Magic comment ‘immutable: string’ makes Ruby 2.1’s “literal”.freeze optimization the default

In Mutable strings in Ruby we saw that making Ruby strings immutable with .freeze can remove a common source of bugs.  We also saw that Ruby’s allowance for string mutation can cause significant performance degradation because string literals must be allocated (and later garbage collected) every time that code is run.

Ruby 2.1 takes a step towards addressing the performance problem with its “literal”.freeze (formerly “literal”f suffix) optimization. This addresses the performance problem described in Part 1, when you write ‘.freeze’ after your string literals:

def log_message(message)
  puts message + "[EOL]".freeze
end

The above change can make a big difference in performance.  But you have to remember to put ‘.freeze” after every string literal, which is ugly and impractical to do broadly.

# -*- immutable: string -*- Makes “literal”.freeze the Default

To be practical, we need a way to mark entire code files as having their string literals as frozen by default.  This pull request does just that with a magic ‘immutable: string’ comment at the top of the file.  Here’s a test that shows its usage:

# -*- immutable: string -*-

require 'minitest/autorun'
require_relative 'test2.rb' # file with a mutable string

heredoc_string = <<-EOS
  Hello World
EOS

strings = [
  "hello",
  %{Hello},
  %Q{Hello},
  %q{Hello},
  heredoc_string
]

def mutate(str)
  str.slice!(1, 2)
end

def log(message)
  "I'm logging: #{message}"
end

describe "strings defined in this file" do
  strings.each do |s|
    it "should raise an error" do
      -> {
        mutate(s)
      }.must_raise(RuntimeError).message.must_match(/can't modify frozen String/)
    end
  end
end

describe "string interpolation" do
  it "should fail" do
   -> {
      str = log("blah blah")
      mutate(str)
    }.must_raise(RuntimeError).message.must_match(/can't modify frozen String/)
  end

  it "should succeed" do
    -> { str = "foo#{some_string}" }
  end
end

describe "strings not defined in this file" do
  it "should be mutable" do
    mutate(Foo::CONSTANT)
    Foo::CONSTANT.must_equal "SING"
  end
end

describe "static strings" do
  it "should always have the same object_id" do
    def some_string
      "A nice frozen string!"
    end
    some_string.object_id.must_equal some_string.object_id
  end
end
# test2.rb
module Foo
  CONSTANT = "STRING"
end

Overriding immutable: string

Sometimes in a file with the magic comment you may actually need a mutable string.  That is easy to do with String.new or ”.dup:

# -*- immutable: string -*-

def concatenate(*args)
  result = String.new     # or:  result = ''.dup
  args.each do |arg|
    result << arg
  end
  result
end

Making Ruby More Functional

This new magic comment should allow some big performance gains and lessen bugs at the same time, taking Ruby one step closer to Functional Programming.  We sincerely hope this pull request will be accepted into the main Ruby 2.1 branch.

Questions or comments?  Feel free to post them here, email colin@invoca.com, or tweet to @colindkelley.

Mutable strings in Ruby

When people ask why we use Ruby instead of Python, I usually mention the beautiful, nearly-invisible English-like syntax, the ease of writing DSLs, trivially simple block arguments, meta-programming including reflection… But I have to admit that Python has a few clearly superior features.  First on the list: Python strings are better because they are immutable.

The Perils of Mutation

What’s so bad about Ruby’s mutable strings?  Consider this innocuous-looking Ruby method that puts “[EOL]” at the end of the message that is being logged:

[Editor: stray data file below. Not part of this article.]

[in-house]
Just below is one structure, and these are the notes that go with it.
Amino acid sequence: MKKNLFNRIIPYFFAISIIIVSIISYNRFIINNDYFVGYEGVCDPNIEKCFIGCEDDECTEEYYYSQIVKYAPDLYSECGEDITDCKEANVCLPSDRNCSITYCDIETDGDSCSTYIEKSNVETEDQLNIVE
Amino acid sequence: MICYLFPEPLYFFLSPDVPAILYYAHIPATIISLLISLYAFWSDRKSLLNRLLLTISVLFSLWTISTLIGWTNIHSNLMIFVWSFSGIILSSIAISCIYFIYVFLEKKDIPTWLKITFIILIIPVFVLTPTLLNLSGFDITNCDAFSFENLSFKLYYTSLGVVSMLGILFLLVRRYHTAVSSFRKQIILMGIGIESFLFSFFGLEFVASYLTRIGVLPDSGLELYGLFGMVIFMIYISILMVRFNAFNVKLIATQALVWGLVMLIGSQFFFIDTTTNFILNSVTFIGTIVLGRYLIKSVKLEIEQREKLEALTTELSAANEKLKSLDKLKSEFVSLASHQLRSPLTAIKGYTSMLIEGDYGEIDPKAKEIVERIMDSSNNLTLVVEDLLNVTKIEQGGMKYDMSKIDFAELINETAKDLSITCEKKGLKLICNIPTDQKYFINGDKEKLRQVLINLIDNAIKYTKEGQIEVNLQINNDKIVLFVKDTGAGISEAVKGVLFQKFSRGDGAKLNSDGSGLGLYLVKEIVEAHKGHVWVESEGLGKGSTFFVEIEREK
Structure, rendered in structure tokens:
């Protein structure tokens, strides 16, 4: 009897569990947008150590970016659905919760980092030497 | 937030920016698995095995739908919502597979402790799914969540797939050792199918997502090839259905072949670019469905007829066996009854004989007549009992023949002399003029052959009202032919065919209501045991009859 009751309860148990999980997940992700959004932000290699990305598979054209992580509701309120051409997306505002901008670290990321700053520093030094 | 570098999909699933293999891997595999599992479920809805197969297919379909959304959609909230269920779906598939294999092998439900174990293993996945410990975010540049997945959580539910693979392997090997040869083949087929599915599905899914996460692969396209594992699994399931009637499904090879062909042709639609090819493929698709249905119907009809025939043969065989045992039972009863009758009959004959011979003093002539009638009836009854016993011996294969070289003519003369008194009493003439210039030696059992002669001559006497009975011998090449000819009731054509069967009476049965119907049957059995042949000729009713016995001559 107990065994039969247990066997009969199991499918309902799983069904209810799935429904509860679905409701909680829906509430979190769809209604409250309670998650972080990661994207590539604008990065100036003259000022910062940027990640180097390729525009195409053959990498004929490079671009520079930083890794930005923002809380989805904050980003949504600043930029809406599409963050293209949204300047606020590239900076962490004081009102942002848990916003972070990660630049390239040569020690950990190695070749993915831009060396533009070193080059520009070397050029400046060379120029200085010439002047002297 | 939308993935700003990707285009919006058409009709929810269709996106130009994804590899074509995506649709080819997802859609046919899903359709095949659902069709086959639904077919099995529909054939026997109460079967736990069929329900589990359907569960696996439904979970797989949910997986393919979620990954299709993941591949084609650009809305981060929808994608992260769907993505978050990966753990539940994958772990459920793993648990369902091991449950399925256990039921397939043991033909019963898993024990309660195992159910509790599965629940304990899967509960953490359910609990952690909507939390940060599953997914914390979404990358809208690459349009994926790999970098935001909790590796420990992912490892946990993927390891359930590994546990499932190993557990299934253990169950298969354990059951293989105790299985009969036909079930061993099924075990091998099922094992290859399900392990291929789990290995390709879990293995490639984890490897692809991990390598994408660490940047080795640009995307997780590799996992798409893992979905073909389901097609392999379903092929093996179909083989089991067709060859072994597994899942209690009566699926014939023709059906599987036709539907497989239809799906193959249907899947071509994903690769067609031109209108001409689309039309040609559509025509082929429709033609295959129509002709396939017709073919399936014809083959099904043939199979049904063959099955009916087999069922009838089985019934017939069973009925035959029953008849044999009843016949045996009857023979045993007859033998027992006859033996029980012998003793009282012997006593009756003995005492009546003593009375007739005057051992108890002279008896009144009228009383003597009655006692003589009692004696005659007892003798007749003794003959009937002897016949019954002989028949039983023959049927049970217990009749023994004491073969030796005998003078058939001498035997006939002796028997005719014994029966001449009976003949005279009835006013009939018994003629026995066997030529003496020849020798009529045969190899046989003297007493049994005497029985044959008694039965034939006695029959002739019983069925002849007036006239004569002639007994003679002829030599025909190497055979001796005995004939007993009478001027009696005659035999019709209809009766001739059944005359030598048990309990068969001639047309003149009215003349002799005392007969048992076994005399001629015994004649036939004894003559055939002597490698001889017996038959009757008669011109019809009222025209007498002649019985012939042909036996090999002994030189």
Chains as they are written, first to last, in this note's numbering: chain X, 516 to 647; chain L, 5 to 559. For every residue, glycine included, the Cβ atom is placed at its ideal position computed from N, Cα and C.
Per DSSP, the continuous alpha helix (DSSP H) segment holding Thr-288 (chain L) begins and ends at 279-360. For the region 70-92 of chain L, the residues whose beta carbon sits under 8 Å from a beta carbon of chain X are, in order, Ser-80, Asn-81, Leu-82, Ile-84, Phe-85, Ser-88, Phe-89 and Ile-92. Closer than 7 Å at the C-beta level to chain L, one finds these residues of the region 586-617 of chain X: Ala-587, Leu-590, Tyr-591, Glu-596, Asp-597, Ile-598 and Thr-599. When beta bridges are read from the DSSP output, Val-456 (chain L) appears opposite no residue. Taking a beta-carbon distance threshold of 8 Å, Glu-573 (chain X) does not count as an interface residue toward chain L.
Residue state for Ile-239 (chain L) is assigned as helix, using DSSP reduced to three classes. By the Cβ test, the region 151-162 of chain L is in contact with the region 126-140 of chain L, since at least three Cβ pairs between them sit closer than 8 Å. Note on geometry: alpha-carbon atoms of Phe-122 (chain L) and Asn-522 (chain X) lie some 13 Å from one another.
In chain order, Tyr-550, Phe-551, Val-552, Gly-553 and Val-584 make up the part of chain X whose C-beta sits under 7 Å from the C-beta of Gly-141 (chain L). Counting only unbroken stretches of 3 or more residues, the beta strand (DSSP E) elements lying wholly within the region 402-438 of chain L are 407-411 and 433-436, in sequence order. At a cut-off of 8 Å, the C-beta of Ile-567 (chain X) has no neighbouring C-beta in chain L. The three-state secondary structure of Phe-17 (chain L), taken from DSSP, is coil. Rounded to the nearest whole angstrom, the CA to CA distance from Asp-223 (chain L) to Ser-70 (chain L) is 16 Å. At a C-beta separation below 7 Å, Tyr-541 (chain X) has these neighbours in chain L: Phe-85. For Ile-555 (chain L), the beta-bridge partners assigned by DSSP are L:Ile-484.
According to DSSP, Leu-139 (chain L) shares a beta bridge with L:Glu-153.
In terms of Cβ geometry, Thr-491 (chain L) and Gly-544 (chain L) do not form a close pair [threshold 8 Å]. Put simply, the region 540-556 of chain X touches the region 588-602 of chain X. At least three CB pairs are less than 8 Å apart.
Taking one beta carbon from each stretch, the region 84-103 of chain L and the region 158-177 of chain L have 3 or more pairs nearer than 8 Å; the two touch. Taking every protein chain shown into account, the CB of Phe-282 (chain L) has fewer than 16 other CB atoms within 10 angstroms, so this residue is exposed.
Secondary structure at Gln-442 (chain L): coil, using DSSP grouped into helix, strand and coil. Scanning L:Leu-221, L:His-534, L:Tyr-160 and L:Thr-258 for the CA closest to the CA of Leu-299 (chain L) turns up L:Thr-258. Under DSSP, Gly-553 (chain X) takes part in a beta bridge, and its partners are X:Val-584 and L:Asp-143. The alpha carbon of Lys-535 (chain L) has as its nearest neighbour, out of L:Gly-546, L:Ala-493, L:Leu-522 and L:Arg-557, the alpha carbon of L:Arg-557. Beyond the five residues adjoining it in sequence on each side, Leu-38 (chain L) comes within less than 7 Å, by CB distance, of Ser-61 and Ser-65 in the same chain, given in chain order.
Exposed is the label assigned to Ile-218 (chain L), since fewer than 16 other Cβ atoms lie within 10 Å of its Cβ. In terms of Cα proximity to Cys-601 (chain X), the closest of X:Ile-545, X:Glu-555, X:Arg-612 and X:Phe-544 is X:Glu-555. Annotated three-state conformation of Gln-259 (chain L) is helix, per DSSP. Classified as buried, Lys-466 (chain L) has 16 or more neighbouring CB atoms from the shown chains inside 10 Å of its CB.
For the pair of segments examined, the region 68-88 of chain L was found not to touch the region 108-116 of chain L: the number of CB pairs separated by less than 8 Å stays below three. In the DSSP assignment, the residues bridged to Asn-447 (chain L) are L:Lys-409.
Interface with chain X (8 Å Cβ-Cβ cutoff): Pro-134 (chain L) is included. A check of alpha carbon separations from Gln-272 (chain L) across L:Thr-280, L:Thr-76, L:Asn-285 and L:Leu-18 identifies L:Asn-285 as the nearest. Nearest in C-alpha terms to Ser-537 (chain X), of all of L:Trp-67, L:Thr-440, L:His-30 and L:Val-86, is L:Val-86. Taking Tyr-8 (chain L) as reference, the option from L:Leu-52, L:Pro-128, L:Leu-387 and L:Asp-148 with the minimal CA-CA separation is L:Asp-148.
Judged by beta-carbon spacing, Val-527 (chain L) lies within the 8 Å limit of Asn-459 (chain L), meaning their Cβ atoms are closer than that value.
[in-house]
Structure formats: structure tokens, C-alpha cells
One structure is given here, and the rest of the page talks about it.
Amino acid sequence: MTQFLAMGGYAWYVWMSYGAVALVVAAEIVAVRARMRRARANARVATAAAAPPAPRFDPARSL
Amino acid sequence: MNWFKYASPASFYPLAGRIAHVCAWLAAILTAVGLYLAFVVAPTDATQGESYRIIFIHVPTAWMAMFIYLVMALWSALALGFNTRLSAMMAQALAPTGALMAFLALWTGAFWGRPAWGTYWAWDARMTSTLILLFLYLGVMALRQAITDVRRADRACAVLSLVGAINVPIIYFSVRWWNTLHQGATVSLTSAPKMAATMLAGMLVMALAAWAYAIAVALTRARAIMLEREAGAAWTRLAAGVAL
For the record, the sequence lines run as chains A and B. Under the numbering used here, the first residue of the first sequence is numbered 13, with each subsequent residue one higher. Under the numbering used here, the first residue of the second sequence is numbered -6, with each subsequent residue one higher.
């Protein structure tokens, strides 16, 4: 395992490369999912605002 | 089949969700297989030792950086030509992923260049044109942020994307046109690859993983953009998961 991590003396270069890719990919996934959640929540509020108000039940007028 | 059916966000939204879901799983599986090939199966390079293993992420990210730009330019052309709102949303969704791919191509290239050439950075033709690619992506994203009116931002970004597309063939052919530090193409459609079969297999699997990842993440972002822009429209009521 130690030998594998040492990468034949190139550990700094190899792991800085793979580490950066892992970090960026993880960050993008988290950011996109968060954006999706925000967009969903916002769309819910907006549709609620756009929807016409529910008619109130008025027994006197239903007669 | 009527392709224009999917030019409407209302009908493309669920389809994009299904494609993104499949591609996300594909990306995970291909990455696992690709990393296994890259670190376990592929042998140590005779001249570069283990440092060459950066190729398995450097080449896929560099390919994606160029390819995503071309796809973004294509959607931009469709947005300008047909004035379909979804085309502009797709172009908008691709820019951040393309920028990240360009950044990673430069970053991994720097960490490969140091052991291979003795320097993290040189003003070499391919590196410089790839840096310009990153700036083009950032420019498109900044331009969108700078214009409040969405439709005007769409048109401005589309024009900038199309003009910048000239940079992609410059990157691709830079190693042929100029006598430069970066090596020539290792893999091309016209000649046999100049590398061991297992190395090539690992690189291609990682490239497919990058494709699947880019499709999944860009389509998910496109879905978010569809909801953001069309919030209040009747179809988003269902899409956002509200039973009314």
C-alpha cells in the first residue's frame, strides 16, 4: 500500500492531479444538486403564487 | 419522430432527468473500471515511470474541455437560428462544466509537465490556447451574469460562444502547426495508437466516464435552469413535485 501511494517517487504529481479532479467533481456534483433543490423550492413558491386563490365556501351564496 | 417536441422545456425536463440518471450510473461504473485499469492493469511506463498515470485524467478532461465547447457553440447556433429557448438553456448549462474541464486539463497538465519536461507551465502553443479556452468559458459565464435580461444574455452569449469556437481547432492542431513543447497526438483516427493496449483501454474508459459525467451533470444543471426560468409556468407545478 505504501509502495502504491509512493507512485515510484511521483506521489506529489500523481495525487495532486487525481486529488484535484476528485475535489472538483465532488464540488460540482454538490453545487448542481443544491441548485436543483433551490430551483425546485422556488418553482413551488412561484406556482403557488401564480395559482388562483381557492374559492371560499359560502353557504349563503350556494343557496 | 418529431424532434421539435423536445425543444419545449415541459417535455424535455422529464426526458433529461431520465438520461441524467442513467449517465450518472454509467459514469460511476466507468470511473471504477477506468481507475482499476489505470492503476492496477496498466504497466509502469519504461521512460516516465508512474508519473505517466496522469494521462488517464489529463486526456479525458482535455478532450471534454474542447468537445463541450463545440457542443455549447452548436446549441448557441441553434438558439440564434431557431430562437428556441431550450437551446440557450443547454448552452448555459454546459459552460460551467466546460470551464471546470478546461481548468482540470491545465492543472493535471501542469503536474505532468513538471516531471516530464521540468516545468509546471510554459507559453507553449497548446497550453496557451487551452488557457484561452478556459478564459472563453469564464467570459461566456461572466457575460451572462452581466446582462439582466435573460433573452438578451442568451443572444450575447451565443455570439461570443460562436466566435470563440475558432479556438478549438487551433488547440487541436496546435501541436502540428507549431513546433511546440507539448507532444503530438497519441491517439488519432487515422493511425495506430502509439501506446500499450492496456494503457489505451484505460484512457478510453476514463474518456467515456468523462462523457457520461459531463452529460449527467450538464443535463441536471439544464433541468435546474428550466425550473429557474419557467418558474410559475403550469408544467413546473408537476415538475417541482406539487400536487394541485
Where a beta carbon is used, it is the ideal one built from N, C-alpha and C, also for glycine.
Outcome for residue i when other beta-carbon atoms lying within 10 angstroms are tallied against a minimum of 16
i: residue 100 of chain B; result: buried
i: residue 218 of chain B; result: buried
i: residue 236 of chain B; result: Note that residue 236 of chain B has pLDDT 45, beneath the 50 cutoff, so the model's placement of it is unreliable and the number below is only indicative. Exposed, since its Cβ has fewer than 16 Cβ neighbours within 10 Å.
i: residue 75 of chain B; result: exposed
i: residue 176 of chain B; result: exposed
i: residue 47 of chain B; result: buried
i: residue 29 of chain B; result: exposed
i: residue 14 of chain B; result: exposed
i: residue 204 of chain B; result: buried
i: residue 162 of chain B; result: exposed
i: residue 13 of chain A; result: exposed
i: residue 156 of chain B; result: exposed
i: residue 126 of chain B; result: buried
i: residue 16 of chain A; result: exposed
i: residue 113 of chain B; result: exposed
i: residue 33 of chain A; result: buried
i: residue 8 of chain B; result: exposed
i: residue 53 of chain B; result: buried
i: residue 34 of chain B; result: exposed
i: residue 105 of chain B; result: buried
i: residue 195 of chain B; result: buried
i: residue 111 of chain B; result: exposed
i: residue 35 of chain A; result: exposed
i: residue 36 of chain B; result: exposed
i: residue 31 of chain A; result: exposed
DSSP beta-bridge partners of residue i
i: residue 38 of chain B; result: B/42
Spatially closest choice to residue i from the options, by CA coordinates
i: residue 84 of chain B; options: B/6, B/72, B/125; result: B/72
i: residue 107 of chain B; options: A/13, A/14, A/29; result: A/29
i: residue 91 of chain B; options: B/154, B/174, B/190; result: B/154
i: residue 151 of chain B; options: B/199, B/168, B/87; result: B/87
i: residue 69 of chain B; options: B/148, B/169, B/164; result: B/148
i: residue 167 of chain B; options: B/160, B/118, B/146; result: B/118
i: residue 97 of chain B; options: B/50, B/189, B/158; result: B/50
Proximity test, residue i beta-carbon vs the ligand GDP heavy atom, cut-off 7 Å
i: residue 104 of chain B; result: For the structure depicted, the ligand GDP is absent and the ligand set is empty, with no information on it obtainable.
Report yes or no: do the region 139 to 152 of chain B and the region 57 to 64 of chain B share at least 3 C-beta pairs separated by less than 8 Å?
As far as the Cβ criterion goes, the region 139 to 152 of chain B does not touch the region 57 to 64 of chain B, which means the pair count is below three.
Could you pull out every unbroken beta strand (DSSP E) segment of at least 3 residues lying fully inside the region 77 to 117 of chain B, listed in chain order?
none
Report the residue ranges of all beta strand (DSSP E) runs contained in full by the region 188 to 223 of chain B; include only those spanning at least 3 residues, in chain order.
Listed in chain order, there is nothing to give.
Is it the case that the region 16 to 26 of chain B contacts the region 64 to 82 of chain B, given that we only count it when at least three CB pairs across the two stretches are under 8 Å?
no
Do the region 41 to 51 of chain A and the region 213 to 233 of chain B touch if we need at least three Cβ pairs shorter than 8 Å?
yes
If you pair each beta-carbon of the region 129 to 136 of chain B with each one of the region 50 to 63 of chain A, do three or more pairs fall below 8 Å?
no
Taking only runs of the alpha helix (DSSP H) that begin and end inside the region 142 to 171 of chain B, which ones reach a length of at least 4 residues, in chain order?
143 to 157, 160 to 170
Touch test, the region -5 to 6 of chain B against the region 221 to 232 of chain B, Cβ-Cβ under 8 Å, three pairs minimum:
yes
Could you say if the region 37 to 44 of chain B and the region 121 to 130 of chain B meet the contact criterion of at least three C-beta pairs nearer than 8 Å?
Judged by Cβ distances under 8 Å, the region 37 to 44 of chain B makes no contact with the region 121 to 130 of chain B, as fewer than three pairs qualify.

def log_message(message)
  message << "[EOL]"
  puts message
end

LOOP_MESSAGE = "In the loop"

3.times do
  log_message(LOOP_MESSAGE)
end

Here’s the output:

In the loop[EOL]
In the loop[EOL][EOL]
In the loop[EOL][EOL][EOL]

What are those extra [EOL]s doing in there?!  Drop into pry and have a look at LOOP_MESSAGE after the loop has finished:

LOOP_MESSAGE
=> "In the loop[EOL][EOL][EOL]"

Uggh! Every pass through the loop mutated that “constant” LOOP_MESSAGE string.  Not good.

Avoid Mutating Methods and Operators

Let’s banish the nasty mutating “String#<<” operator:

def log_message(message)
  puts message + "[EOL]"
end

With that, the bug is fixed!

In the loop[EOL]
In the loop[EOL]
In the loop[EOL]

Besides String#<<, most of the other mutating operators to avoid end in !, like slice!, downcase!, etc.

Run-time Immutability with Object#freeze

Ruby has always had a run-time form of immutability.  If you call “.freeze” on an object, the Ruby runtime will raise an exception if any code tries to mutate that object:

>> pets = "cat"
=> "cat"
>> pets << " dog"
=> "cat dog"
>> pets.freeze;
>> pets << " canary"
RuntimeError: can't modify frozen String
 from (irb):8

So if you remember to freeze your string literals, you can avoid bugs with mutating shared references. You may have seen this done in your favorite Ruby gem or in Rails itself:

CONTENT_TYPE = "Content-Type".freeze

Performance Problems Caused by Mutability

Every time this code is called, the string literal “[EOL]” will be allocated again off the heap.  If this method were called inside the tightest loop in our code, the time to dynamically allocate this string literal (and later garbage collect it) can start to dominate the performance of the application.

The only reason Ruby goes to all this effort to allocate string literals every time the code is run is to allow the string to be mutated.  For example:

def concatenate(*args)
  result = ''
  args.each do |arg|
    result << arg
  end
  result
end

Non-Mutation is the Functional Way

Mutating variables is bug-prone, particularly in a language with shared references like Ruby, because side-effects from one method can change the behavior of another.  More generally, it is much harder for a programmer to understand the behavior of code that mutates because the name of an object is insufficient to predict its content—the programmer must also know the point in the object’s lifetime.

It may be less intuitive, but non-mutating code can actually perform better because objects that are never mutated can be freely shared, both by the language and the application.

Non-mutation is a cornerstone of the functional programming style.